3. PDA’s – The Personal Digital Assistant or PDA could be thought of as the predecessor to the modern day smart phone. PDA’s often pack large screens operated by their stylus counterpart and are capable of running limited versions of office software. Additionally the PDA’s offer remote access to email, schedules and documents through WIFI or Bluetooth connectivity.

4. 3G Phones – 3G stands for 3rd generation and currently dominates contemporary mobile broadband connectivity. The main benefit of 3G devices are that they are always connected to the internet and offer quick access to web pages.

5. GPRS – The General Packet Radio Service is the predecessor to 3G technologies which also allows mobile phone users to connect to the internet on the move. GPRS devices are an alternative to 3G as they are normally a more cost effective way to communicate business initiatives between employees.

6. WIFI – A name given to given to a group of standards, which governs the use of wireless technology and effectively revolutionising how we communicate today. WIFI technology offers users super quick access to the Internet and is widely available to the public through the development of WIFI hotspots.

7. Extranets – Essentially this is a private network in which businesses can operate using a standard Internet browser. The information included on an Extranet network may include product information, pricing and payment processes. Obviously concerns about network security may be an issue but Extranets combat this with password protection and structured levels of permeable access.

8. VPN –Virtual Private Networks offer a secure way to deliver remote access to private networks. Again, security threats are stabilized with high end encryption which leaves you to concentrate on collaborating with your virtual workforce.

9. Bluetooth – Bluetooth wireless technology uses radio waves to allow instant connection with other Bluetooth compatible devices. The great thing about this way of communication is that no phone or Internet connection is needed. Therefore activities such sharing contact information and mobile printing becomes as easy as can be.

10. Cloud Service Providers – These are companies which manage an online infrastructure where clients have the ability to manage, create and share information through a range of web based applications.

If you did not know, Microsoft Office 356 delivers cloud productivity to businesses of all sizes and as an external provider of cloud services it is important to consider what security measures are actively in place to help protect customer data . The areas which normally arise with regards to security usually include data protection, privacy and data ownership. Therefore this blog has been written to identify the measures Microsoft has taken to respond to these concerns.

The current challenges in relation to cloud security include an increasing trend in mobile access to information, which has created a haven for cyber-crime. In order to maintain maximum precaution, strategies to research, monitor and prevent emerging threats are needed which means time and money for any organisation. This is where a program like Office 365 comes in. Microsoft invests a lot of money into its data center’s where the need for secure access is a highly communicated initiative. This also includes anti-spam and anti-virus technology which has been automated to counteract virtual threats.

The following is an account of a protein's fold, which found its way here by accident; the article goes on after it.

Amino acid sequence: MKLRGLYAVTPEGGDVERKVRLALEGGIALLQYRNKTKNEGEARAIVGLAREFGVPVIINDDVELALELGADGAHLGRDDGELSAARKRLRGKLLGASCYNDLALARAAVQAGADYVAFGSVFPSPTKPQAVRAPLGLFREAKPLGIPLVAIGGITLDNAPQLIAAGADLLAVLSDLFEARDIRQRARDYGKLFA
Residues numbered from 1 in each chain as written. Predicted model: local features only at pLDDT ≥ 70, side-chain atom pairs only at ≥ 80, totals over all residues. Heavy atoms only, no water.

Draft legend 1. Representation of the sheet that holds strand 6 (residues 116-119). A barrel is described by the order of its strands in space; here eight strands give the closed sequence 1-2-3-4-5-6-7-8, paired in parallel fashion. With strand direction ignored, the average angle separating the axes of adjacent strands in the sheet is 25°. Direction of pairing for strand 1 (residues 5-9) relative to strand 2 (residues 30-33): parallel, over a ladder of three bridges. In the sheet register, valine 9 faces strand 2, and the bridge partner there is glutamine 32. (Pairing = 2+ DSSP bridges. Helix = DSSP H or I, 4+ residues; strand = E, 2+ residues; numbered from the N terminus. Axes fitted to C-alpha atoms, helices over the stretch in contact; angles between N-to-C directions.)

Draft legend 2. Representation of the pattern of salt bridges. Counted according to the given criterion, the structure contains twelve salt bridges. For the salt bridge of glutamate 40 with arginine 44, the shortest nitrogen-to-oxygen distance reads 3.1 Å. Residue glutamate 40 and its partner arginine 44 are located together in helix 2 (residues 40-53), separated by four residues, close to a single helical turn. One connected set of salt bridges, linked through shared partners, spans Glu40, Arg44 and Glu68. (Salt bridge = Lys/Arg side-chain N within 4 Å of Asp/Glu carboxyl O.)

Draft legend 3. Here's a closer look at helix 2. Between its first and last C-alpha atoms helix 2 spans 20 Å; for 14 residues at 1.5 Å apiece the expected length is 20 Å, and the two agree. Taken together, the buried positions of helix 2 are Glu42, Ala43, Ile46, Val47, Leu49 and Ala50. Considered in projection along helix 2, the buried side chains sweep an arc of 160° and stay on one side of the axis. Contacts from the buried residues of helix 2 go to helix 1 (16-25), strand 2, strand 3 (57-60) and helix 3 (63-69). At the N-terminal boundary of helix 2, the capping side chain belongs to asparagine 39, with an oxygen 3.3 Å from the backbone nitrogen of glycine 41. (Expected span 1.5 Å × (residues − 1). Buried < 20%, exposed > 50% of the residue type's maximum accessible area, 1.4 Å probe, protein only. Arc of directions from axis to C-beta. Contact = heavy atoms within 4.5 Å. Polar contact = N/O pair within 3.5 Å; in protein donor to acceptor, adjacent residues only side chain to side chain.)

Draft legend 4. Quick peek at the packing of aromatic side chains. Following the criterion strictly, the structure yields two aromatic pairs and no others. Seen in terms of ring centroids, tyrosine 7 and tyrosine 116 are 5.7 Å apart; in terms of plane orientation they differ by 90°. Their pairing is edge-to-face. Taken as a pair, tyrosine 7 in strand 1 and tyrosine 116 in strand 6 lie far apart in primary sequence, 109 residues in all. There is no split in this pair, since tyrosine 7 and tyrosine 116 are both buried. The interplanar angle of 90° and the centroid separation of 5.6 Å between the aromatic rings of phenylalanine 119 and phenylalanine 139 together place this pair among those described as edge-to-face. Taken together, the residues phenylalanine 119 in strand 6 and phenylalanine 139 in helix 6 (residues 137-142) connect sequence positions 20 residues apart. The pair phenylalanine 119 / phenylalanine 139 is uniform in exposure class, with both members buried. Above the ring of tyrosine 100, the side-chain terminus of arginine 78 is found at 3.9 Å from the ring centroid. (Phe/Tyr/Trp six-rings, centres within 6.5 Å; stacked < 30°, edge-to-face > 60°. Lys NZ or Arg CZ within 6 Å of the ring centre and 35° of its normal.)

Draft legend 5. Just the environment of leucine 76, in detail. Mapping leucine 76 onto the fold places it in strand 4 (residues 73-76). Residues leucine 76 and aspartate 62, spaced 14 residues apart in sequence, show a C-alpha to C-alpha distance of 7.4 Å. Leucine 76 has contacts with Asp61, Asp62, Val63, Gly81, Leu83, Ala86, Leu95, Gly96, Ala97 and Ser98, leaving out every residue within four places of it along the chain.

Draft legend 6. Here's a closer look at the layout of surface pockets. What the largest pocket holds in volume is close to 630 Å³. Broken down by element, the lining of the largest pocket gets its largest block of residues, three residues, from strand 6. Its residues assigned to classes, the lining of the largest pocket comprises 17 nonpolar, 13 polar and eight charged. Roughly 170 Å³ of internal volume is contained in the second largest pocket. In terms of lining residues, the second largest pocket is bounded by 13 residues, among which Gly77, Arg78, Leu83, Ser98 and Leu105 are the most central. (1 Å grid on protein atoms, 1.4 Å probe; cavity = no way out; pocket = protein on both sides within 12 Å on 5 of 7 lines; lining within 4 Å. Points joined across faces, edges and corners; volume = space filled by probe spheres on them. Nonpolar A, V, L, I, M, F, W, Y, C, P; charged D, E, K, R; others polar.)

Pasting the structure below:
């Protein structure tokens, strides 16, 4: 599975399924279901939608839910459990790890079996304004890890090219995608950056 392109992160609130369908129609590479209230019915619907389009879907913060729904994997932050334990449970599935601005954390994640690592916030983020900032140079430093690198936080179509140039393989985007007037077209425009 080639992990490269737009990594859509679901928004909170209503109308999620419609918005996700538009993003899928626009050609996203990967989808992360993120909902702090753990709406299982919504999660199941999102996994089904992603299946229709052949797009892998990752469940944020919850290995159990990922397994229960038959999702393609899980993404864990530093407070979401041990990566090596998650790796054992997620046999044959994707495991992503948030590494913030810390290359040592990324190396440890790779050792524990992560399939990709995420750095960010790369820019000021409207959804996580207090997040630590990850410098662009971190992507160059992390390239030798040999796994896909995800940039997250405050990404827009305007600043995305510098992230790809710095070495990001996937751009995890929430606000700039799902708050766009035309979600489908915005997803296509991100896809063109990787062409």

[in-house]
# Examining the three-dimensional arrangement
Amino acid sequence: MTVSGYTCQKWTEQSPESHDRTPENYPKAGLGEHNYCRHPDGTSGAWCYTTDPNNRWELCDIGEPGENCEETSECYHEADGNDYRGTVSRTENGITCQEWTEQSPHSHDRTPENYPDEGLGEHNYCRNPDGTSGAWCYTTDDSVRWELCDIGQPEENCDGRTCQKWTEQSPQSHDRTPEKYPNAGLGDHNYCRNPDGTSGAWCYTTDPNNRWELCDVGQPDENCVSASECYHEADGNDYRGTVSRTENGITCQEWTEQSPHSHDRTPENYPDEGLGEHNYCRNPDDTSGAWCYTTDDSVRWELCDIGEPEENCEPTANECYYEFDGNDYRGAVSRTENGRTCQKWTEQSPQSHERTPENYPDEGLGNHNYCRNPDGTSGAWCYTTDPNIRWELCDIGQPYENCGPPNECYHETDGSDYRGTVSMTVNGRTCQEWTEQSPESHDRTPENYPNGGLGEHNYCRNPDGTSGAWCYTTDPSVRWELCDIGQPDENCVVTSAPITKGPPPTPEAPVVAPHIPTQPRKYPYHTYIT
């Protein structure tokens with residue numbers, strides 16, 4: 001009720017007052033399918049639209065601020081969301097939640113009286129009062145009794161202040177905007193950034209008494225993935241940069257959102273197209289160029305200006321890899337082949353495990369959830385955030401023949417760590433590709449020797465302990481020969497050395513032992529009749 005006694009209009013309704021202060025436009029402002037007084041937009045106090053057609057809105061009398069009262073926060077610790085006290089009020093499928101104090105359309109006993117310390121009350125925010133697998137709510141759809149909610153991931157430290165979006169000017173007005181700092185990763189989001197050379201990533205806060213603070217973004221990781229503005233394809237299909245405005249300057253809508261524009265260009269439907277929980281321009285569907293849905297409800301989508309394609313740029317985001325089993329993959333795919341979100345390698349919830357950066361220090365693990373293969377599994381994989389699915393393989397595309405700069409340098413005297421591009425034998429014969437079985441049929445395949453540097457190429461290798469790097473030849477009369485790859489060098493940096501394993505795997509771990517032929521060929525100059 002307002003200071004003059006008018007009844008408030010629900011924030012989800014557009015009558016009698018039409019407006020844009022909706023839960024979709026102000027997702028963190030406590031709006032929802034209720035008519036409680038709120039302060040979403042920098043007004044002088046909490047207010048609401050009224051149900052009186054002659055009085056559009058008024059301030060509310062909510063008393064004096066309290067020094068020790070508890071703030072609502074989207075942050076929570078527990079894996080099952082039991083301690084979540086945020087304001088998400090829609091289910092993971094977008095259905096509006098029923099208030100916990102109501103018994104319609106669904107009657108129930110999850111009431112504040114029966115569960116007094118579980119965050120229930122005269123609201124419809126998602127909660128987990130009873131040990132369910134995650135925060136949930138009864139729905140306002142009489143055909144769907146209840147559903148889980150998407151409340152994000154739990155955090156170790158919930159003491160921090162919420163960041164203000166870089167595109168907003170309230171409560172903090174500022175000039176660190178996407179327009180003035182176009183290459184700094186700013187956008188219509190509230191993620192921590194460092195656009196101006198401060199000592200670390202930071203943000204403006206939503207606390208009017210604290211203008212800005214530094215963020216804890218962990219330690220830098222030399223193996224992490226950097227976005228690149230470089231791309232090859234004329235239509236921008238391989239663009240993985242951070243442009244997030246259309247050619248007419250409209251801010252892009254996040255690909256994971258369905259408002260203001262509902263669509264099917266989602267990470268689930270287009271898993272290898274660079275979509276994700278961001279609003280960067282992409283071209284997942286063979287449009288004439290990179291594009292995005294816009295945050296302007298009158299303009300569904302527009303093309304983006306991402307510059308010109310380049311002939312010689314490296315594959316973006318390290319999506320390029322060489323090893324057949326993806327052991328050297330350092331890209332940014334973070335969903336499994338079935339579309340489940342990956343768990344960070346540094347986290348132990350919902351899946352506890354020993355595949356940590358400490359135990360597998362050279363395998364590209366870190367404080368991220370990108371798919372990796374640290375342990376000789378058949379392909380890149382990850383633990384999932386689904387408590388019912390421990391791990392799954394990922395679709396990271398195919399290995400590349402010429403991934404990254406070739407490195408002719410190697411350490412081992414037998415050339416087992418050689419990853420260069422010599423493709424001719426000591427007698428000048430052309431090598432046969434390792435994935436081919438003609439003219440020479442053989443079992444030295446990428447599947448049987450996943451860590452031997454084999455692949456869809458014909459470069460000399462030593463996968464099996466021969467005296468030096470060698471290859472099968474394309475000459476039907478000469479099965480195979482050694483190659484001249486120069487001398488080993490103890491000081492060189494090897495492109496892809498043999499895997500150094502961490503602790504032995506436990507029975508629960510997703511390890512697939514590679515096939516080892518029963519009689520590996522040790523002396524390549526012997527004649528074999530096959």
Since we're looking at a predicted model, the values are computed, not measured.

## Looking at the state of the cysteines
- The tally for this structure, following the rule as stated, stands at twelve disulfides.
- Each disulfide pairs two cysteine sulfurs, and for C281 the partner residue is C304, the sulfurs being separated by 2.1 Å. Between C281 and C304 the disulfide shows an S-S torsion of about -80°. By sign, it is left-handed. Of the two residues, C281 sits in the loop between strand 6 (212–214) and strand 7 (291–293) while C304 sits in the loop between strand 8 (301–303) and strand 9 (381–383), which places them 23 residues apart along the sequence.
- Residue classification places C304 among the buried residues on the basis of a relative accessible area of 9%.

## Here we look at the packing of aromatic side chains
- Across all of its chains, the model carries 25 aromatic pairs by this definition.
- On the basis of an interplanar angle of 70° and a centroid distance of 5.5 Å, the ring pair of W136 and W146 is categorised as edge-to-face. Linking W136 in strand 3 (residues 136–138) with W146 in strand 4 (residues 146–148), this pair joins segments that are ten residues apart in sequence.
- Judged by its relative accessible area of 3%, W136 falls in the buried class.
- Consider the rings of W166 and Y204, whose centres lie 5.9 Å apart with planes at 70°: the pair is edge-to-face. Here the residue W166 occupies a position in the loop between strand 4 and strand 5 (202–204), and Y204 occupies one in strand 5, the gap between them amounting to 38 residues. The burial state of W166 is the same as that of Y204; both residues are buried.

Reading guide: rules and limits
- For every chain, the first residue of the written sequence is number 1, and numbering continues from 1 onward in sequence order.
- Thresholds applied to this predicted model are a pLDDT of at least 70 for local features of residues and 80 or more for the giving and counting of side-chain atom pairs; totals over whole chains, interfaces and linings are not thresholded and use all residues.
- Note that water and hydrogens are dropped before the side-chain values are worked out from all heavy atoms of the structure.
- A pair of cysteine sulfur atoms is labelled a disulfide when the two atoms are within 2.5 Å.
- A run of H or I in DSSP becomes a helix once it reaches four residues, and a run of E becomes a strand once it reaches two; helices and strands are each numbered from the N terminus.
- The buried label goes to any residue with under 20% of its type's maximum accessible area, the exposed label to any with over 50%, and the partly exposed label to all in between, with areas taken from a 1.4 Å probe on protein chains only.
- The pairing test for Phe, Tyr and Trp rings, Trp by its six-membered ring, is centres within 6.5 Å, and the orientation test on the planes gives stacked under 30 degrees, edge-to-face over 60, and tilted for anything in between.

No stranger to online services, Microsoft have gained considerable experience since the introduction of MSN in 1994. Recognizing that security is an on-going process, measures were taken to protect data from harm, whether a natural disaster or unauthorized access. This was done by a committed approach to monitoring data infrastructures, applying industry practices and investments in high-end technology in order to keep data safe. This also meant security needed to be built into the software from the start to further increase security. As Office 365 has been designed for secure access over the Internet, users have the option of creating strong passwords to enforce data protection. Alternatively users can also apply for a Federated ID which aims to increase security measures by actively monitoring on-premise-access to the system. And if this is not enough, Office 365 software hosts a range of in-built encryption’s which comply with all necessary daily activities such as emailing, documenting and even voice-mail messages. Considering the above, it seems that Office 365 covers a wide range of security initiatives designed to make the user feel at ease when it comes to handling data. Data security will always remain a major concern for businesses of all sizes and the need for high security initiatives by external cloud services should not be ignored. As demonstrated, Microsoft Office 365 is one example of a forward thinking company who takes into account the vulnerability of cloud business applications only to provide effective on going solutions. And just in case I missed it out, Office 365 wholeheartedly emphasizes user responsibility where their Trust Center provides highly valuable information on how you can increase effective handling of sensitive data.